16 Days of Activism against Abuse

From the 25 November until the 10 December, South Africa takes part in a global  campaign called “16 Days of Activism for No Violence against Women and Children Campaign.”

To be honest, this campaign irks me a bit.

Not because I support the abuse of women, children or any other form of abuse (I most certainly don’t) but by the fact that a mere 16 days is set aside to make people aware of the seriousness of women and child abuse in South Africa and to “attract all South Africans to be active in the fight to eradicate violence against women and children.”

Is 16 days really enough to make a difference to the rising number of incidences of violence against women and children?

At least once a day, I read a story of a child having been raped or murdered. Just yesterday, a baby was burnt with boiling chicken broth by another man (not certain who the man is at this stage).

I also read an article about children being bullied, about the assault being caught on camera and yet the police and school did nothing about it.

This morning I read an article about a woman having been thrown with acid by her ex who had been stalking her. After he threw acid on her and whilst she was in hospital, he sent her threatening smses promising to finish the job. The police refused to take her statement initially and only took it two weeks later and now the suspect is at large.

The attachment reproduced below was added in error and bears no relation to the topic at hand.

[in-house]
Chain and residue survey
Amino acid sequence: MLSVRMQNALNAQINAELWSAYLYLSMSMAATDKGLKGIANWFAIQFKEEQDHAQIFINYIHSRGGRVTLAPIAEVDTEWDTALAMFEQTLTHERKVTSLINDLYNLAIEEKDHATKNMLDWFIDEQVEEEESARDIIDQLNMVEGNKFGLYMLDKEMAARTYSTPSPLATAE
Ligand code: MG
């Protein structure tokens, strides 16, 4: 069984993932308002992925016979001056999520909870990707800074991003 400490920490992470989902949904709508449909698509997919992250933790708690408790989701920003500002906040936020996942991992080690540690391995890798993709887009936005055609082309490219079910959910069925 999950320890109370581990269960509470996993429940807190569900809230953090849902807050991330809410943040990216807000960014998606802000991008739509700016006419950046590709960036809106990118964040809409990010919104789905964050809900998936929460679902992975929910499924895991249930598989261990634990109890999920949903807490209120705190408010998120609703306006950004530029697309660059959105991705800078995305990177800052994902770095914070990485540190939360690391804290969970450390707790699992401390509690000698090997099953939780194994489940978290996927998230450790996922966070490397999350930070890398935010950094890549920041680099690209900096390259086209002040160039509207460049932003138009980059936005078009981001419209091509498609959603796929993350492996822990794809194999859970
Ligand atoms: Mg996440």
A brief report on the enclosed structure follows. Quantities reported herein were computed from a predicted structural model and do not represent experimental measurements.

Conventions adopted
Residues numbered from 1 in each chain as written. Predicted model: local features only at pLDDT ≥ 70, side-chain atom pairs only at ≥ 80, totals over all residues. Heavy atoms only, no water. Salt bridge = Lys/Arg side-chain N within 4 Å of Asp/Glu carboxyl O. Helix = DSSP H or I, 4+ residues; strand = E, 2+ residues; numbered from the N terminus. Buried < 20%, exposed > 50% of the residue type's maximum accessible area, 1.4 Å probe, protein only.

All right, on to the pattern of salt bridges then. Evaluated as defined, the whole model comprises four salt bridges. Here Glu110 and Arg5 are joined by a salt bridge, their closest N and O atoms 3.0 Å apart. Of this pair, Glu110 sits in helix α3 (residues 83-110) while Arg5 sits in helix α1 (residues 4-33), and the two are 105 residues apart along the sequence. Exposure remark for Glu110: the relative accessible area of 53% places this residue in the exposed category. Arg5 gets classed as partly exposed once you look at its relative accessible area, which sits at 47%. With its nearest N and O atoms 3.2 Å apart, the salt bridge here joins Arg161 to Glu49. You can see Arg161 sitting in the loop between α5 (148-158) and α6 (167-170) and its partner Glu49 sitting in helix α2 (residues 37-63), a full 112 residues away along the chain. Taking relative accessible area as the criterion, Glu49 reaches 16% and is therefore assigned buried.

In the week, a six year old girl was raped by a thirteen year old boy. The rape has been going on for quite some time and the little girl actually thinks the boy is her boyfriend.

These are just some of the stories that we read and hear on a daily basis in South Africa.

What difference is 16 days of activism going to make? Has the violence against women and children decreased since last year? I suspect not.

Unless the eradication of violence against women and children is pursued actively and on a daily basis, we will continue to see the rise in the rape, murder and abuse of our women and children.

The first step is to ensure that the police take the allegations of abuse seriously and not wait weeks to take statements and to pursue the suspects. It is not sufficient to simply advise an abused woman to obtain a domestic violence interdict. The abuser often ignores those pieces of paper and the abuse continues. In fact, police often refuse to even make arrests on domestic violence orders.